The French Sixth has two tritones (as does a diminished seventh). Both tritones get resolved at the same time: Ab-C-D-F# to G-C-Eb-G to G-B-D-G (or skip the middle chord). The French Sixth is enharmonically equivalent to a dominant seventh with a flat fifth (a common chromaticism). The same possibilities exist with this chord as with the German Sixth.

Some composers (in jazz particularly) resolve the Augmented Sixth by retaining one of the resolutions of the tritone(s) but not emphasizing the outward expansion of the augmented sixth. (Ab-F# resolves outward but Ab-Gb resolves inward.) This works harmonically.

Beethoven and Schumann used chord punning in several pieces (I don't remember which.)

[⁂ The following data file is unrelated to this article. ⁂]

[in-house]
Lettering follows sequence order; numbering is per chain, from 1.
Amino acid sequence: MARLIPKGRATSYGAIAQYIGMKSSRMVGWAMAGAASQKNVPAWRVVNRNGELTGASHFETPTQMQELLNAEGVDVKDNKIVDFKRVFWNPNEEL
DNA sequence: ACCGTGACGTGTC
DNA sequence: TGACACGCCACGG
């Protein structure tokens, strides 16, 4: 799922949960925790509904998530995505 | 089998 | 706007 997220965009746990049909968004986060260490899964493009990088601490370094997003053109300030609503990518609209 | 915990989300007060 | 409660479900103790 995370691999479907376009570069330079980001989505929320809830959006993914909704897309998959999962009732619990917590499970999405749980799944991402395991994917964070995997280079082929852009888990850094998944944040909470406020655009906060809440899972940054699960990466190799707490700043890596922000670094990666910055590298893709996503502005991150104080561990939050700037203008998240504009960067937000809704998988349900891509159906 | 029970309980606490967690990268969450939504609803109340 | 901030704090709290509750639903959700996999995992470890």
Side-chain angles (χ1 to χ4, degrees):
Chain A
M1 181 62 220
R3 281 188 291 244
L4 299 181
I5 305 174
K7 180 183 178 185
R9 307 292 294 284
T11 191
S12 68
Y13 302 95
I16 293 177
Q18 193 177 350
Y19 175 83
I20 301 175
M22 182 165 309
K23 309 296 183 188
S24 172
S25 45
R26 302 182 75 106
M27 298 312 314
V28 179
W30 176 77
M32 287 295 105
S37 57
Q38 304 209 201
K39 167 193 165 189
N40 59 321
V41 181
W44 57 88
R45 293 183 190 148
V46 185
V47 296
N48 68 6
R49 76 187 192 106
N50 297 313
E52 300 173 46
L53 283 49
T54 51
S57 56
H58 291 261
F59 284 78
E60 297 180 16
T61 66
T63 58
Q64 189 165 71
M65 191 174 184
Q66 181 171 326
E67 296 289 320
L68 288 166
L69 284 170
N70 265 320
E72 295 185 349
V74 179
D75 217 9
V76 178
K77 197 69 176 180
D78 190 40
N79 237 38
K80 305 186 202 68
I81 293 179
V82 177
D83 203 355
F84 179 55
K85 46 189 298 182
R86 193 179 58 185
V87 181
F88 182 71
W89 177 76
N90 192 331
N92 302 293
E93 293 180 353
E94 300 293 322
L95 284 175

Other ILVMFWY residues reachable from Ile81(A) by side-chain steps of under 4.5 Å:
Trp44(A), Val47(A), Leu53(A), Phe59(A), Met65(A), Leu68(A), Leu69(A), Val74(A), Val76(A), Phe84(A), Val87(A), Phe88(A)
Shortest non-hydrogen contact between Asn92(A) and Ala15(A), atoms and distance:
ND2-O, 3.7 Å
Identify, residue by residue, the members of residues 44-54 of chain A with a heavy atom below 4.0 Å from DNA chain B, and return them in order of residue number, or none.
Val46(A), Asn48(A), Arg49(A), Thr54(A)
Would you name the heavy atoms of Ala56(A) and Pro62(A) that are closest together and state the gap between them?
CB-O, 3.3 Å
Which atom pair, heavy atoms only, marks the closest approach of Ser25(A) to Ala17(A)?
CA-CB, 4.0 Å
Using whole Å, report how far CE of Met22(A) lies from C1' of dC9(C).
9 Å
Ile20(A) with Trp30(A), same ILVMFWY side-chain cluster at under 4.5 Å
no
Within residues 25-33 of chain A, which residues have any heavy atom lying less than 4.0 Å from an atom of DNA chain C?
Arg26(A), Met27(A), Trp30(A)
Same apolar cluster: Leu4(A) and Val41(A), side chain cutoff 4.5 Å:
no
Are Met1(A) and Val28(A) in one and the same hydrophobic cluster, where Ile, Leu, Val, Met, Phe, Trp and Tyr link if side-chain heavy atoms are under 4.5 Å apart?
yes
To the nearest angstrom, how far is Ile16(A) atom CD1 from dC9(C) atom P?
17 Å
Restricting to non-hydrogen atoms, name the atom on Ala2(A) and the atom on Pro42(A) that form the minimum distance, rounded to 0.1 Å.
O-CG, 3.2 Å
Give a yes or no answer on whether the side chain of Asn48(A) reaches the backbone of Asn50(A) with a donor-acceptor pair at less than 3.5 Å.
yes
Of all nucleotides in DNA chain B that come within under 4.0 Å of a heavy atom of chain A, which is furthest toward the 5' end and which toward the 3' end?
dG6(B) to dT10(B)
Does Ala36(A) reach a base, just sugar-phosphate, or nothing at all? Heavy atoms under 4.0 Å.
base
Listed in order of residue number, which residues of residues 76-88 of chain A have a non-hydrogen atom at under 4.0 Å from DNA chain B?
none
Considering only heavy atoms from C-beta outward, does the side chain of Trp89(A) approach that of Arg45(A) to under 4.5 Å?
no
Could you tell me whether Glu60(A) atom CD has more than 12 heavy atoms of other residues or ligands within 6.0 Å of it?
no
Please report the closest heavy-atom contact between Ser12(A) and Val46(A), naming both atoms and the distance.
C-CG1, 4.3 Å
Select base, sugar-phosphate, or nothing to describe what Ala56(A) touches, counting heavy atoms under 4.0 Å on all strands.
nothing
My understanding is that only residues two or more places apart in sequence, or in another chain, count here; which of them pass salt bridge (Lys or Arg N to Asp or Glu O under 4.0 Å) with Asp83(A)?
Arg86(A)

This particular "interval pattern" of any of the Augmented Sixth resolutions is sometimes moved to another scale note. It doesn't get much discussion but a few books discuss the procedure. It's another method of transposition.

Personally, I like to treat the Augmented Sixths as having their bass note as the "root" and not worry about names. The Stradella accordion bass pattern does have an Italian Sixth on the nominal bass note which allows all the bass chords to have the same number of notes and create Augmented Sixths if needed.

Some references: https://www.proquest.com/docview/304122215?fromopenview=true&pq-origsite=gscholar


  • Did you mean Db-F instead of Bb-F? In... "C-Eb resolves nicely to Bb-F; the Ab moves to Db... the usual V7-I" Sep 15 at 1:23
  • Yes. I (The spell checker is worthless here.) I'll edit the answer.
    – ttw
    Sep 15 at 1:36